By David N. Leff
Vaccination against Alzheimer¿s disease?
Starting with smallpox over two centuries ago, immunization has been given to forestall or mitigate infectious diseases. In recent decades, HIV and malaria vaccines have been top targets. But what about Alzheimer¿s (AD) ¿ a noninfectious disorder?
¿People in this whole area the past year and a half,¿ observed AD-focused research neurologist David Holtzman, ¿have been excited by the prospect.¿ He added that Elan Pharmaceuticals Inc. [in South San Francisco] ¿is already going forward, and is conducting Phase I clinical trials of active immunization against the amyloid-beta peptide in humans. Their research is actively being pursued for possible prevention and/or treatment of AD. Whether it works or not we don¿t know.¿
The amyloid-beta (A-b) peptide is not spawned by a virus, bacterium, or fungus, yet it¿s in the popular cross-hairs of a monoclonal antibody aimed at removing it.
¿Amyloid-beta is in all of our bodies,¿ Holtzman pointed out. ¿All of us humans make it constantly in pretty good levels during our whole life. We don¿t know, unfortunately, what it¿s doing in healthy bodies. For some reason in AD, some of the amyloid-beta that¿s in the brain begins to change conformation and aggregate.¿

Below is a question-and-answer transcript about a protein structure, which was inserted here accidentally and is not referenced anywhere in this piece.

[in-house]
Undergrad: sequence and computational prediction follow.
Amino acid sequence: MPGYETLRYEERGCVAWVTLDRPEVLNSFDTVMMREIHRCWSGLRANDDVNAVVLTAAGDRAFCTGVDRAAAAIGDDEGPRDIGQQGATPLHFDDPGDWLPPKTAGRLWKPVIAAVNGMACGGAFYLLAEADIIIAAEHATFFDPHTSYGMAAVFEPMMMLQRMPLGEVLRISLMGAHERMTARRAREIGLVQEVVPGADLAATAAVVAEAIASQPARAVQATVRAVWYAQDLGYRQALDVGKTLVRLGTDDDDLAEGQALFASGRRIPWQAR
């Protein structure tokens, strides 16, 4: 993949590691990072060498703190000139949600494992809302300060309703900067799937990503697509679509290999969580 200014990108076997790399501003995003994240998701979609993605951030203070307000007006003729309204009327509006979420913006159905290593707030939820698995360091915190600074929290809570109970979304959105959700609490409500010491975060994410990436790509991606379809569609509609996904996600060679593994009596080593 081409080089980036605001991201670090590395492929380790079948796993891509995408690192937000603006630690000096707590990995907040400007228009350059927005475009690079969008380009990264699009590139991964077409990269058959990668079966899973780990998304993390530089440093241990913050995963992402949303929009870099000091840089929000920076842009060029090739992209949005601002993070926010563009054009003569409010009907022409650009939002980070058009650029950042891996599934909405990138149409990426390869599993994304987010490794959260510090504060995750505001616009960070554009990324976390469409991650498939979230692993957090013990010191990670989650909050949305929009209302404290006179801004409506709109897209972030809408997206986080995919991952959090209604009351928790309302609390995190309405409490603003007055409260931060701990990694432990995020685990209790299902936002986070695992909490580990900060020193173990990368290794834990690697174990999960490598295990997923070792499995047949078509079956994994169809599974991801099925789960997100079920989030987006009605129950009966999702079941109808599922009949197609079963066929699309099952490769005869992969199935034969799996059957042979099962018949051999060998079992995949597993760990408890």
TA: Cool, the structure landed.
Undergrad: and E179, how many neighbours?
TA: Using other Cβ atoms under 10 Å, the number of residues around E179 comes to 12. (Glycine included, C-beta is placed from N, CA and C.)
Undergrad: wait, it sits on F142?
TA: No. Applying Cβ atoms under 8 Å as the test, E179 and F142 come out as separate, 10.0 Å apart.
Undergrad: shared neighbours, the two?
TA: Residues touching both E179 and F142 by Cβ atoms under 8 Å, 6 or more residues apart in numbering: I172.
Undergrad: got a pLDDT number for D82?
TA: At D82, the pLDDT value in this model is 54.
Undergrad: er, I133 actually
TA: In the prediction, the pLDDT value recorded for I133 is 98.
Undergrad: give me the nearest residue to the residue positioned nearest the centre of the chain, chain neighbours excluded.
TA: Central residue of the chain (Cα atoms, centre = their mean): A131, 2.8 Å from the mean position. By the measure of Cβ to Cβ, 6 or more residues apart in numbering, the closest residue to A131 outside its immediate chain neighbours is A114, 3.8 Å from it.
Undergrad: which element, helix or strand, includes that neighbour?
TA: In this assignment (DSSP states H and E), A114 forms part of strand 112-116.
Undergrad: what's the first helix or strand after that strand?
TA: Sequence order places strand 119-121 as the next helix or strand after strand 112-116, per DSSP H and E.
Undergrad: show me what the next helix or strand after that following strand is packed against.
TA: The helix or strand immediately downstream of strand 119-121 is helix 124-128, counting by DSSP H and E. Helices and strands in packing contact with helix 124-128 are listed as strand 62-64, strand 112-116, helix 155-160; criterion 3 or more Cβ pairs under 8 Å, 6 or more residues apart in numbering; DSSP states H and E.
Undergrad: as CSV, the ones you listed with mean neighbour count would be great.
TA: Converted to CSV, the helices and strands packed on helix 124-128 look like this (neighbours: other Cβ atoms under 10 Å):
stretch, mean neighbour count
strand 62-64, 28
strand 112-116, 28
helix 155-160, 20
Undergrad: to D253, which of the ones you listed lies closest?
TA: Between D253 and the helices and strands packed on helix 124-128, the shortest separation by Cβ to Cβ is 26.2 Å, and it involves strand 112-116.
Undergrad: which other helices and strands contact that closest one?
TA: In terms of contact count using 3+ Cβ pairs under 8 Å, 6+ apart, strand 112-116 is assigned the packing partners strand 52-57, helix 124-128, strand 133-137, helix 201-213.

That clumping turns A-b from an apparently innocuous molecule into the perpetrator of senile neuritic plaques ¿ the pathological hallmarks of AD that wrap around the dying nerve endings of the disease.
Holtzman, who holds an endowed chair in neurology at Washington University in St. Louis, is senior author of a paper in today¿s Proceedings of the National Academy of Sciences (PNAS), dated July 3, 2001. Its title: ¿Peripheral anti-A-b antibody alters CNS [central nervous system] and plasma A-b clearance and decreases brain A-b burden in a mouse model of Alzheimer¿s disease.¿
¿The most important finding of this report,¿ Holtzman told BioWorld Today, ¿is its suggestion that antibodies to the amyloid-beta peptide that builds up in AD brain appear to reduce the pathology when given over time to this mouse model. The point of our paper is that it really doesn¿t appear to require the antibody getting into the brain.¿
Near-Human Mice Mimic AD Stigmata, Symptoms
That mouse is a scaled-down, living replica of Alzheimer¿s pathology and symptoms. ¿It¿s an animal that expresses the human form of the APP protein ¿ precursor of the A-b peptide ¿ with a mutation that eventuates in familial AD. This results in an age-dependent formation of amyloid-beta deposition in the mouse brain, much similar to what occurs in the human AD brain. So when the mice are born,¿ he continued, ¿and up until they reach a certain age, their brains look pretty normal. You don¿t see any AD-like pathology. Then, beginning at six to seven months of age,¿ Holtzman continued, ¿they begin getting amyloid-beta deposits and neuritic plaques in the brain.¿
In two in vivo experiments, the co-authors tested the effects of pure, monoclonal antibody to amyloid-beta peptide, supplied by Eli Lilly & Co., of Indianapolis.